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(OBQ08.212) A 67-year-old female has elected to undergo total knee arthroplasty for degenerative arthritis. A pre-operative radiograph is provided in Figure A. Exposure to place the distal femoral cutting guide is difficult due to poor knee flexion following a standard medial parapatellar arthrotomy. Which of the following techniques will enhance the exposure without altering post-operative rehabilitation or clinical outcomes? Review Topic

QID: 598
FIGURES:
1

Lateral arthrotomy

2%

(40/2283)

2

Complete release of the superficial and deep MCL

5%

(105/2283)

3

Extending the arthrotomy to an extensile rectus snip exposure

92%

(2111/2283)

4

Patellectomy

0%

(6/2283)

5

Converting to a mobile-bearing TKA design

1%

(16/2283)

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(SAE07HK.45) Figure 25 shows the radiograph of an 84-year-old woman who has pain and is unable to extend her knee. History reveals that she underwent total knee arthroplasty 8 years ago. Aspiration and studies for infection are negative. During revision surgery, management of the tibial bone loss should consist of Review Topic

QID: 6005
FIGURES:
1

reconstruction with a metal augmented revision tibial implant.

69%

(68/99)

2

reconstruction with a hinged prosthesis.

13%

(13/99)

3

reconstruction with a structural allograft.

9%

(9/99)

4

reconstruction with iliac crest bone graft.

1%

(1/99)

5

filling the defect with cement.

4%

(4/99)

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(SAE07HK.15) Figures 9a and 9b show the radiographs of a 75-year-old man who underwent a revision total knee arthroplasty with a long-stemmed tibial component. In rehabilitation, he reports fullness and tenderness in the proximal medial leg (at the knee). The strategy that would best limit this postoperative problem is use of Review Topic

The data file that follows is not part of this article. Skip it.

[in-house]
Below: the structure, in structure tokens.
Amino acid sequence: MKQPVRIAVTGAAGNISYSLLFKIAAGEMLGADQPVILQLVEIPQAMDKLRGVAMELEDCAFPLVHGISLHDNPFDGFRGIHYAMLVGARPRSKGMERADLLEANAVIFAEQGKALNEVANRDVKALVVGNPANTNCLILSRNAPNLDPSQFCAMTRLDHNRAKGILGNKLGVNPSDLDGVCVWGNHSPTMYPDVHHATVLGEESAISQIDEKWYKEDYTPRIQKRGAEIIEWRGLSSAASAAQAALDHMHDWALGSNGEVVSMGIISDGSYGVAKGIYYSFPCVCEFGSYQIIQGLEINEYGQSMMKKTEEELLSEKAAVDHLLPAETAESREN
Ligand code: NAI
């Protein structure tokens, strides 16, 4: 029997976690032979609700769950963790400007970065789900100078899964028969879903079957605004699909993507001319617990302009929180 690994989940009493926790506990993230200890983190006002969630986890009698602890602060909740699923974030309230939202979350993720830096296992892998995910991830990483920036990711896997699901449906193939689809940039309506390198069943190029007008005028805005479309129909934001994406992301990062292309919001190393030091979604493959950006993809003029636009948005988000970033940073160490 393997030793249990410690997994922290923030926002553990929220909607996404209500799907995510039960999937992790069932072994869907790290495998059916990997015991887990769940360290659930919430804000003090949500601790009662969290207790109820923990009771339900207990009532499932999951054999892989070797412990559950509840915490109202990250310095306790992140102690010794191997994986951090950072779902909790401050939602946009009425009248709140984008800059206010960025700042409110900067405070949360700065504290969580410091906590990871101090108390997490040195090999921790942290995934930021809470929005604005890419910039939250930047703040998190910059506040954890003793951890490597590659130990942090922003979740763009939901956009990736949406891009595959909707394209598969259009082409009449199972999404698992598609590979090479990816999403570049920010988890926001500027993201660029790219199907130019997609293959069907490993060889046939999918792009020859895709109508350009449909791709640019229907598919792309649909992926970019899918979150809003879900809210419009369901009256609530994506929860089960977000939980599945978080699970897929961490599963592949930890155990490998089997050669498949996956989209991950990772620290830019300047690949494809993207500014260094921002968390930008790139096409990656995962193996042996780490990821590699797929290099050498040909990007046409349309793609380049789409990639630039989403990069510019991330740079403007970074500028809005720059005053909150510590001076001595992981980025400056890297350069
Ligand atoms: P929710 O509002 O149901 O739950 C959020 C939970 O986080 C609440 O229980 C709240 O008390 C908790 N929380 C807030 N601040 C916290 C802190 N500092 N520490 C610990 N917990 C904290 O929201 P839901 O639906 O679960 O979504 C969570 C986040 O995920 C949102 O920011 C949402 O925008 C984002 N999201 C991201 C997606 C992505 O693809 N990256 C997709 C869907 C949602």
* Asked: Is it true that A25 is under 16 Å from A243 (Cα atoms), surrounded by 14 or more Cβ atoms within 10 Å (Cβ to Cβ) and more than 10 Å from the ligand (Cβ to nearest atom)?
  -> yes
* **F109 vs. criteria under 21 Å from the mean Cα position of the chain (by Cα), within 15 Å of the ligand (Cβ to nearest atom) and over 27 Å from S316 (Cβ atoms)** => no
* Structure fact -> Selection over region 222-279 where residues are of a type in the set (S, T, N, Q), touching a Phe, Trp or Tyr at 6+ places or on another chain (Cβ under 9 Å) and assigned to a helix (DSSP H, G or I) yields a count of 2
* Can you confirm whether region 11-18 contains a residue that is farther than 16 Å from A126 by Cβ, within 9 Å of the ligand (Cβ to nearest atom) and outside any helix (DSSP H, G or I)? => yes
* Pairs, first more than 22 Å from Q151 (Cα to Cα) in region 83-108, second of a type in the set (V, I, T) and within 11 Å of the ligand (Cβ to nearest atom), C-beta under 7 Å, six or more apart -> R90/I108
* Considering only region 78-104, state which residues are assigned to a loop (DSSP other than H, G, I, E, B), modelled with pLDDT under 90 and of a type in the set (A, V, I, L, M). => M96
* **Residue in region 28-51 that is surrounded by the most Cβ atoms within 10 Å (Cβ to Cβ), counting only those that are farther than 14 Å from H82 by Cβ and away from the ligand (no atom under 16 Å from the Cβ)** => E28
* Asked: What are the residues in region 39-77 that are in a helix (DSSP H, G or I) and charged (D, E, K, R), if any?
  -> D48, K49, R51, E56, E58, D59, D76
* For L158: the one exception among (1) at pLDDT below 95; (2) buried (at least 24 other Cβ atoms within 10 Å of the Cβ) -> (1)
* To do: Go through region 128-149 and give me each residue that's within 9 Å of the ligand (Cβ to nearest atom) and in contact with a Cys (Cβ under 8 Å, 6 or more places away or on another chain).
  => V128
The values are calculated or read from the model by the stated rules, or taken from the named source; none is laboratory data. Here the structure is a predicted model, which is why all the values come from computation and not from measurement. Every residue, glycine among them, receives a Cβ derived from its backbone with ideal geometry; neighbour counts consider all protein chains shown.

QID: 5975
FIGURES:
1

a base plate with an offset tibial stem attachment.

42%

(21/50)

2

a bone ingrowth surface on the augment.

14%

(7/50)

3

a nonstemmed tibial base plate.

2%

(1/50)

4

allograft bone instead of metal augments.

22%

(11/50)

5

bone cement to smooth the outline of the proximal medial tibia.

16%

(8/50)

N/A

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(SBQ07HK.5) A 71 year-old-male who underwent a primary total knee replacement in 1990 presents with right knee pain and instability for the past several months. Current images are shown in Figure A and Figure B. Which of the following is the most appropriate treatment at this time? Review Topic

QID: 1590
FIGURES:
1

Revision of tibial component only

1%

(60/4001)

2

Management with a knee immobilizer for 3 months

0%

(12/4001)

3

Revision of tibial component with LCL reconstruction

1%

(35/4001)

4

Revision of tibial and femoral components with stems and/or augments

94%

(3763/4001)

5

Revision of tibial and femoral components without stems and/or augments

3%

(111/4001)

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(OBQ05.2) When compared to the standard medial parapatellar approach for revision total knee arthroplasties, the oblique rectus snip approach showed impairment in which of the following post-operative outcomes? Review Topic

QID: 39
1

range-of-motion

5%

(118/2463)

2

patient satisfaction

2%

(41/2463)

3

pain

5%

(117/2463)

4

WOMAC function score

6%

(142/2463)

5

no difference in outcomes

83%

(2038/2463)

L 2